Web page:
The Asian Infrastructure Investment Bank, known as the AIIB, is celebrating its fifth anniversary. Today, the organization has doubled the number of members it had when it launched in Beijing back in 2016, making it the second largest of all multilateral banks. In the face of new global challenges, not least of all COVID-19, the AIIB is currently undergoing a transformation. Feng Yilei has more.
The Asian Infrastructure Investment Bank is re-thinking its strategy, from financing traditional infrastructure, to looking ahead to the future.
The international development bank has identified key emerging infrastructure trends that will drive the future of investment in previously overlooked areas.
The new focus? Infrastructure that is green and human-centred, with an eye on technology while enhancing connectivity.
The shift takes place in the context of COVID-19, which experts say has exposed weaknesses in infrastructure of many economies.
JIN LIQUN President of AIIB “At this juncture, it is important to point out that efforts to foster our health system as well as address climate change can no longer be dealt with in silence. We need to promote the intricate emerging pattern of the relationship between climate and health care problems. Rebooting the global economy will require that we no longer tackle challenges in isolation.”
The AIIB’s plans are laid out in its “Next-10-year Corporate Strategy” which establishes clear priorities and ambitious targets in its overall share of financing-50 percent for climate action by 2025, 25 to 30 percent for cross-border connectivity by 2030, and 50 percent for private sector operations by 2030.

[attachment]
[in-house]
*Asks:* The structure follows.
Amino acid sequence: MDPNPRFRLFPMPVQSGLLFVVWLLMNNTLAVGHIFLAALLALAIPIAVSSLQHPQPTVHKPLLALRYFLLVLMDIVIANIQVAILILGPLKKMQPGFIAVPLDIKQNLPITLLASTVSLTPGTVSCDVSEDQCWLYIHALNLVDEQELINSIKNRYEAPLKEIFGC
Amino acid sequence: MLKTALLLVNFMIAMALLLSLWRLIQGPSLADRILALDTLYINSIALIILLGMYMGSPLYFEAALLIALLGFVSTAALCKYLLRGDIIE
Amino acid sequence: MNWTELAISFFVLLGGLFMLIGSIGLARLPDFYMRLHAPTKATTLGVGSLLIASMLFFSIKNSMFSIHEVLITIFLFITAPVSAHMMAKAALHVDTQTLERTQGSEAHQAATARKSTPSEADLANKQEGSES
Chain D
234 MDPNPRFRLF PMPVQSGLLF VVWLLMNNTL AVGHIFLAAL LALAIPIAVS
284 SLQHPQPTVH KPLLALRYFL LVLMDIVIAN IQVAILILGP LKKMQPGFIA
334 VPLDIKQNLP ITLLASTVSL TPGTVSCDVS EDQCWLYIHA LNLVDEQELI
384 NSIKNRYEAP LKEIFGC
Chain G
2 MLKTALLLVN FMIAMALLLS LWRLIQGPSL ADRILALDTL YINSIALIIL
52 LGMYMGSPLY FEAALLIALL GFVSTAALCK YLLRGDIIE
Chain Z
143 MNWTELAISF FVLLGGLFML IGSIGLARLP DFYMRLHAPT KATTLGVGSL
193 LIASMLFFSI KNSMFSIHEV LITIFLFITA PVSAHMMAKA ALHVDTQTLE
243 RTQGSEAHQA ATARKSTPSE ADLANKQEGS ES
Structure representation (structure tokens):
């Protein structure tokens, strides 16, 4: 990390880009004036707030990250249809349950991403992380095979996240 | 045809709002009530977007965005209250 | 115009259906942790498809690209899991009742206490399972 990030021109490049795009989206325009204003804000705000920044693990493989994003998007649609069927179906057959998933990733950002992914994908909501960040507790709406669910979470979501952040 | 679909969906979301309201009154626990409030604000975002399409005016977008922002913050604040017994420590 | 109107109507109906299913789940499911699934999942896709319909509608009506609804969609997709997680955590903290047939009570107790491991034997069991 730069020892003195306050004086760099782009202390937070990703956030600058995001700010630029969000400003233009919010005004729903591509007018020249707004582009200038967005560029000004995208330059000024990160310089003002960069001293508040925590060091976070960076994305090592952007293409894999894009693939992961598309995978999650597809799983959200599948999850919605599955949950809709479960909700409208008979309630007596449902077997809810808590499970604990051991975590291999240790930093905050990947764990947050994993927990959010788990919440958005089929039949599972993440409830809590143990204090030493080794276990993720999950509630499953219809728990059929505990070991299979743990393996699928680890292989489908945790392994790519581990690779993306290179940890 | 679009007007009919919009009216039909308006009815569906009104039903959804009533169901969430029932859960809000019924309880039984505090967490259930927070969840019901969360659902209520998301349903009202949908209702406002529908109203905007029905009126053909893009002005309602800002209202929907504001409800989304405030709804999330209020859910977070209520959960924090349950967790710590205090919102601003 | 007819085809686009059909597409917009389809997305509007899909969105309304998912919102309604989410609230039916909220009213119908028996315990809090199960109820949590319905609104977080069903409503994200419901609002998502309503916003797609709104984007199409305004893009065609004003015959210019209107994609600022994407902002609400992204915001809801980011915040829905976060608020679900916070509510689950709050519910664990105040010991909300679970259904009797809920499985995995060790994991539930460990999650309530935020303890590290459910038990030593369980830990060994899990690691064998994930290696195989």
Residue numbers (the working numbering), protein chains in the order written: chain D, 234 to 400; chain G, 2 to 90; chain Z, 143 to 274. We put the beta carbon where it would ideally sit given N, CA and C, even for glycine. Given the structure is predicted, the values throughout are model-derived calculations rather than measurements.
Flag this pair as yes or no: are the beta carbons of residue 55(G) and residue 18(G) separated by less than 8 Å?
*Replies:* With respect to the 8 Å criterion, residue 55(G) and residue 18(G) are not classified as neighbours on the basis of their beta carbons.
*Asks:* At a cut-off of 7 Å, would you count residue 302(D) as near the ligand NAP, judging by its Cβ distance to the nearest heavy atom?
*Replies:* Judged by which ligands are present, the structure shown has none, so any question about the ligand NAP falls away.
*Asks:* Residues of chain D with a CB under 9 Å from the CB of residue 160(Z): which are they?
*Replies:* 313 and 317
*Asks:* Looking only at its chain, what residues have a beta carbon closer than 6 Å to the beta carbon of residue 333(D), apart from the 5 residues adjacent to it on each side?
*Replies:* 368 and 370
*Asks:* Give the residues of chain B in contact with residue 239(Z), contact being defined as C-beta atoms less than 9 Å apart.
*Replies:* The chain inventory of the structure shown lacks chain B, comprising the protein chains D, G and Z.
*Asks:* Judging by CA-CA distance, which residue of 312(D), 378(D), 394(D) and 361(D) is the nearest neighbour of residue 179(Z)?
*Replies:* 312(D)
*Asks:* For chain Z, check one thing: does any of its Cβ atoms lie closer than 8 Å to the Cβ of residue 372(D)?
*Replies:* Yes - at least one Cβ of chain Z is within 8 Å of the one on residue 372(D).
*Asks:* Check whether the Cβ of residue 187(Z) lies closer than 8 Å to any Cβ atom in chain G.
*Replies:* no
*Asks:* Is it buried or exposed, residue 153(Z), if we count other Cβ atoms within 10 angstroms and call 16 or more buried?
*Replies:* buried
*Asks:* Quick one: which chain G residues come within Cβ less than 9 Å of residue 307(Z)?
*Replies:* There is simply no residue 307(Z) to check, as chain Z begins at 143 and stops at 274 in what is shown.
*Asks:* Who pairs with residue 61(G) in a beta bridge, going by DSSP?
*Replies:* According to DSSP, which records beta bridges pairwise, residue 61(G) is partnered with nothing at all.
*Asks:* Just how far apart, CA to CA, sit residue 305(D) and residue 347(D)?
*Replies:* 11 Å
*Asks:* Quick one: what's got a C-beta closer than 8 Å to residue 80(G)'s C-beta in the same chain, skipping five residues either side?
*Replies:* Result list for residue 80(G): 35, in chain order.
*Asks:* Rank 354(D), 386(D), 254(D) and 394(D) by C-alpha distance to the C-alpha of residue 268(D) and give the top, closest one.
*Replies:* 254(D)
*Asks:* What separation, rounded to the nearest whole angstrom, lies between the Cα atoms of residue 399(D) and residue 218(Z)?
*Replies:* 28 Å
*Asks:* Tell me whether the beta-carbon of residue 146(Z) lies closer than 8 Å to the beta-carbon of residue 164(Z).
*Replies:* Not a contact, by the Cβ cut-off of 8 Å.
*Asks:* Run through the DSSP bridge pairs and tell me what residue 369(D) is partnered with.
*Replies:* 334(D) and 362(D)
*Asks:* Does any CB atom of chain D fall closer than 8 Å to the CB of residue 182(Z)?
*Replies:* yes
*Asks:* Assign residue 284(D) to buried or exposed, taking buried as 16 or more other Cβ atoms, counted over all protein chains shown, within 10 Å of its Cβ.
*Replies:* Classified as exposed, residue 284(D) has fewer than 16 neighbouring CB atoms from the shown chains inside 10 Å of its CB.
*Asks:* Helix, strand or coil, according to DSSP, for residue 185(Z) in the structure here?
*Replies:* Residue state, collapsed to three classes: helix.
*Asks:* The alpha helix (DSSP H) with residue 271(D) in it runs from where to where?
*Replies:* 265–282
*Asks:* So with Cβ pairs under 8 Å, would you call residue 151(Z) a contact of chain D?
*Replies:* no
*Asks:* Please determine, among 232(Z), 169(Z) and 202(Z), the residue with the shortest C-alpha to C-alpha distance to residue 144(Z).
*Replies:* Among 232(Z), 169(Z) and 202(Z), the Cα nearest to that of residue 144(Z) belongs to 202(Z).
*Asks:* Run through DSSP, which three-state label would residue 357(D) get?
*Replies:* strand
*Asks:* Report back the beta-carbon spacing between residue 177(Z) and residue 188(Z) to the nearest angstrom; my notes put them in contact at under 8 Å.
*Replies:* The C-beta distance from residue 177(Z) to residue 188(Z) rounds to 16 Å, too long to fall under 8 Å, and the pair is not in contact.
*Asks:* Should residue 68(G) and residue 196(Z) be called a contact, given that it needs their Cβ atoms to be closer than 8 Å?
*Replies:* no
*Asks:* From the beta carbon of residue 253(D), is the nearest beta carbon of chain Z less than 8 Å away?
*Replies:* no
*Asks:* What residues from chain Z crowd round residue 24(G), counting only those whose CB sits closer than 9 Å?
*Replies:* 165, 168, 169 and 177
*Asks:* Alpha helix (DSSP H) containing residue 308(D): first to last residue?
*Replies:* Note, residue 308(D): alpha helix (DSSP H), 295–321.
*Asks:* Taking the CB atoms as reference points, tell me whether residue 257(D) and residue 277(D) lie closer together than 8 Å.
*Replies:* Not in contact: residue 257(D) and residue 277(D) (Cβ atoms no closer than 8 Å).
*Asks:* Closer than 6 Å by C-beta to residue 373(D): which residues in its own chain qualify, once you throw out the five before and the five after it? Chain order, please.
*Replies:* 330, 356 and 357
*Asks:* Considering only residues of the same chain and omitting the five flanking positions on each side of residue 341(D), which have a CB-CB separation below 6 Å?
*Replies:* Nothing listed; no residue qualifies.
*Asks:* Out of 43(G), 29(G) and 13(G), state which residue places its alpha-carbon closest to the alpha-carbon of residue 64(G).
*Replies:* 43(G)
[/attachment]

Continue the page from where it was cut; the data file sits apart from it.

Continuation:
In the medium-to-long term, the bank’s next chapter includes not just expanding into social infrastructure, but also ramping up investment in digital infrastructure, especially in less-developed regions.
JIN LIQUN President of AIIB “New infrastructure development boosted by new technologies will bring for immediate benefits and pay off in the long term. Global trade will eventually open up, and those countries who invest smartly would be ready to capitalize on those opportunities. Indeed, there will be, in my view, and overhaul of the existing structure to meet the needs of the digital era.”
As global policy makers struggle with the current global health crisis and its immediate aftermath, experts say it is imperative for multilateral development banks, such as the AIIB, to work with the private sector to mobilize much needed investment.
They say a key challenge is to leverage more international capital from the private sector or commercial banks that eye returns.
JIN LIQUN President of AIIB “To a certain extent, it’s not so easy to find common ground, but it’s possible. Private sector investors may not necessarily look at the highest returns when they know that by working with MDBs, actually, they have safety of their resources. And also with enhanced responsibility, they would love to work with MDBs.”
FENG YILEI Beijing “Over the past half a decade, the president of the AIIB says he has witnessed the progress in terms of how development bank operates, including its policies, regulations, staffing and institutional environment.”
Challenges brought about by the pandemic have accelerated change in the overall development of multilateral development banks. The AIIB says it has gained critical experience and the opportunity to further evolve its business model, to play a central role in the stability of global finance. Feng Yilei, CGTN, Beijing.